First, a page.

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Professor Layton's first curious outing impressed me with both quality and storytelling. The games really feels like a 50's french mystery. If I can find the time and the brainpower, perhaps I'll finish it in time for the follow up - Pandora's Box.
I first played Layton on holiday in France. The kids had their DS's all loaded up with games and suddenly had no TV, no PC and nothing to do! Don't get me wrong, this was very nice , but after a few evenings twiddling my thumbs I asked my other half if he'd brought any 'grownup' games. Luckily he had and pulled out Professor Layton.
I wasn't sure how much I'd enjoy this. Having tried puzzle and hidden object games before like the Mystery Case Files series, I was expecting something similar. But professor Layton and the Curious Village was far better.
I settled down one evening with a glass of wine and my daughter's DS and set to work. First impressions were that this is a really good story, more than just a token background on which to loosely base the game. This becomes a genuine part of the game - really readable, intractable and enjoyable.
My daughter was great at helping me with this one, in fact there were about three of us around the DS at one point trying to solve it.
The location also makes up another important aspect of the game. Navigating around the Curious Village is an integral part of finding clues and solving your mystery. You talk to different villagers to gain clues as to where to go and how to solve the overall mystery. But at each step you get a puzzle to solve. The puzzles are great, really taxing on the grey matter and lots of different sorts for those that like numbers and those that like riddles. You can buy clues to your puzzles, but your credit is only limited so use it sparingly.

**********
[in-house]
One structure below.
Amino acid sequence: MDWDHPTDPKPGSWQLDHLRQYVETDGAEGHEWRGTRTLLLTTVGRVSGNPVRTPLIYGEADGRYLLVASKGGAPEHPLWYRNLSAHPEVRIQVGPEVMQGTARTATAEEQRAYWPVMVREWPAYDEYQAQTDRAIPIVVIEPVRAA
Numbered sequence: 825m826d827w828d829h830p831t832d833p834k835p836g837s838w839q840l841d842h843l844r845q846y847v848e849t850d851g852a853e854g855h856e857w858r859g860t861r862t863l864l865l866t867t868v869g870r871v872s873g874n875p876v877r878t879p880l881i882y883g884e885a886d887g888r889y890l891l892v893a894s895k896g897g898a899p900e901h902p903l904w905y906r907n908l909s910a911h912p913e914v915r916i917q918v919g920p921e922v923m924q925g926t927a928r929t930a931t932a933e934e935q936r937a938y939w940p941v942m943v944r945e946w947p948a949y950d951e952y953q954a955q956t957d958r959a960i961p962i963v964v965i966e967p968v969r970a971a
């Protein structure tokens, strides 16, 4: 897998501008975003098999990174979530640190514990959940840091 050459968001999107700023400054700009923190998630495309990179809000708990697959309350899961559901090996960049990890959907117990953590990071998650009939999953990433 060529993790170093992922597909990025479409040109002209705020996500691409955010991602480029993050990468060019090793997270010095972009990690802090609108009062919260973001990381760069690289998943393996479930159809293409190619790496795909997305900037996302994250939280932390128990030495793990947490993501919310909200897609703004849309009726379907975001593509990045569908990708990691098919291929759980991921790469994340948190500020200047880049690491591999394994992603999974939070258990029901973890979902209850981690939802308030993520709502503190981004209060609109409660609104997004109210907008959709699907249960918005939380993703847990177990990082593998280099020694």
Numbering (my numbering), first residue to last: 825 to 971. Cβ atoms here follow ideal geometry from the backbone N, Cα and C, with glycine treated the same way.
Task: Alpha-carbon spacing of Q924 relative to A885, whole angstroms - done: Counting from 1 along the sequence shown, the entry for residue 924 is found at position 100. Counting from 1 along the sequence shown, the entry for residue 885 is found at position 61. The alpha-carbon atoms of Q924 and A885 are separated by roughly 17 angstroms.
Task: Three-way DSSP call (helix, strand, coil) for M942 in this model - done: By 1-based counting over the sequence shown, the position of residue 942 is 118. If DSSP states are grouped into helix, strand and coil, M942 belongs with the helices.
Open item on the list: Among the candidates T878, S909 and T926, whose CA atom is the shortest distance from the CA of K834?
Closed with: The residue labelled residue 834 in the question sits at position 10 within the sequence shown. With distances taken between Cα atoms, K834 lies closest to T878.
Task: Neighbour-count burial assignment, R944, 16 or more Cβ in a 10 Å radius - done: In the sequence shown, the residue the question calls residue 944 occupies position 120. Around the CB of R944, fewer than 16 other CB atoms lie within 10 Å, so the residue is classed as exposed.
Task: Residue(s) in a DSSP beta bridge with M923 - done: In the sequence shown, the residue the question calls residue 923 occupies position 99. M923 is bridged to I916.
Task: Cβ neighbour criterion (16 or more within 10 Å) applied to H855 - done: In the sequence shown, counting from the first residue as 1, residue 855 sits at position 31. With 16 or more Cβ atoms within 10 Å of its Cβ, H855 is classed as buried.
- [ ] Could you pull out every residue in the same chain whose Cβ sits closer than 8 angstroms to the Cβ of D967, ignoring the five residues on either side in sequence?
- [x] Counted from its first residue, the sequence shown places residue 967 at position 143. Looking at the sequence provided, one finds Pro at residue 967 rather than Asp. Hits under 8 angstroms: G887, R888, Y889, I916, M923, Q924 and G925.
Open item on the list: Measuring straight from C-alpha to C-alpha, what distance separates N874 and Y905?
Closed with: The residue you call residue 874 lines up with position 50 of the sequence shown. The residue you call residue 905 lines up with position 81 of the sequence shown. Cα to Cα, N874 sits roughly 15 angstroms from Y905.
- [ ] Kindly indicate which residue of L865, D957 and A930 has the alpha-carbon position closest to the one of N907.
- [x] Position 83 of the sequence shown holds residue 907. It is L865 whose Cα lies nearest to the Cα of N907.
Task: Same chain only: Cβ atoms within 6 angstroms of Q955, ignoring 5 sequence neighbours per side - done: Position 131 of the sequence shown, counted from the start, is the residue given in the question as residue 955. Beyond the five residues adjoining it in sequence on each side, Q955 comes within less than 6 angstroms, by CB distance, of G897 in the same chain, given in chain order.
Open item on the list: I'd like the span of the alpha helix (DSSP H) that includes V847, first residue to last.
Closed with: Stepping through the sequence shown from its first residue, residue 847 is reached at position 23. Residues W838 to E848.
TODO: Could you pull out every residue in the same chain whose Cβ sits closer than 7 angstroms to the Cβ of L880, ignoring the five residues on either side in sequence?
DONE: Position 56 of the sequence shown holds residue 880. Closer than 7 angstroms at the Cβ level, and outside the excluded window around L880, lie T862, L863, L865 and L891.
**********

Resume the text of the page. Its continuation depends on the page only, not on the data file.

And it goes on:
One of the most memorable puzzles is the old tale of ferrying wolves and chicks across a river. You have to carry at least one per crossing but too many wolves to chicks on either side or on the raft and the chicks get eaten. My daughter was great at helping me with this one, in fact there were about three of us around the DS at one point trying to solve it. A real family game experience, even on a DS, which is unusual.
Another puzzle that really got me stuck was a riddle about candles on a table and how many would be left at the end of the night. After trying to be clever and work it out mathematically I realised the answer was in the riddle.
This illustrates the variety of puzzles included. It's ideal to get the rest of the family involved to help, there really is a puzzle for everyone. My husband was great at helping me with the more mathematical ones, which I'm not very good at. You also get a space to make notes on some of the word puzzles which is very handy and saves needing to use pen and paper along side the DS. No extra points for showing your working out like you could at school though!
It sold out when first released because it was so popular.
I did find it all a bit taxing after a while, there was a limit to my brain power of about an hour - this of course might just be me. After that I found I just wasn't enjoying it anymore or was just buying lots of clues so I could solve the puzzle. This game is much kinder than others though, letting you skip puzzles move on with the game and come back to them later. I think this may just be delaying the inevitable agony of having to face them later!
There are loads of puzzles in this game, and more you can download for free. It sold out when first released because it was so popular, so you will have to be on the ball if I want a copy of the sequel - Professor Layton and Pandora's Box (Diabolical Box in the US). I just need another holiday now so I have time to play some more!
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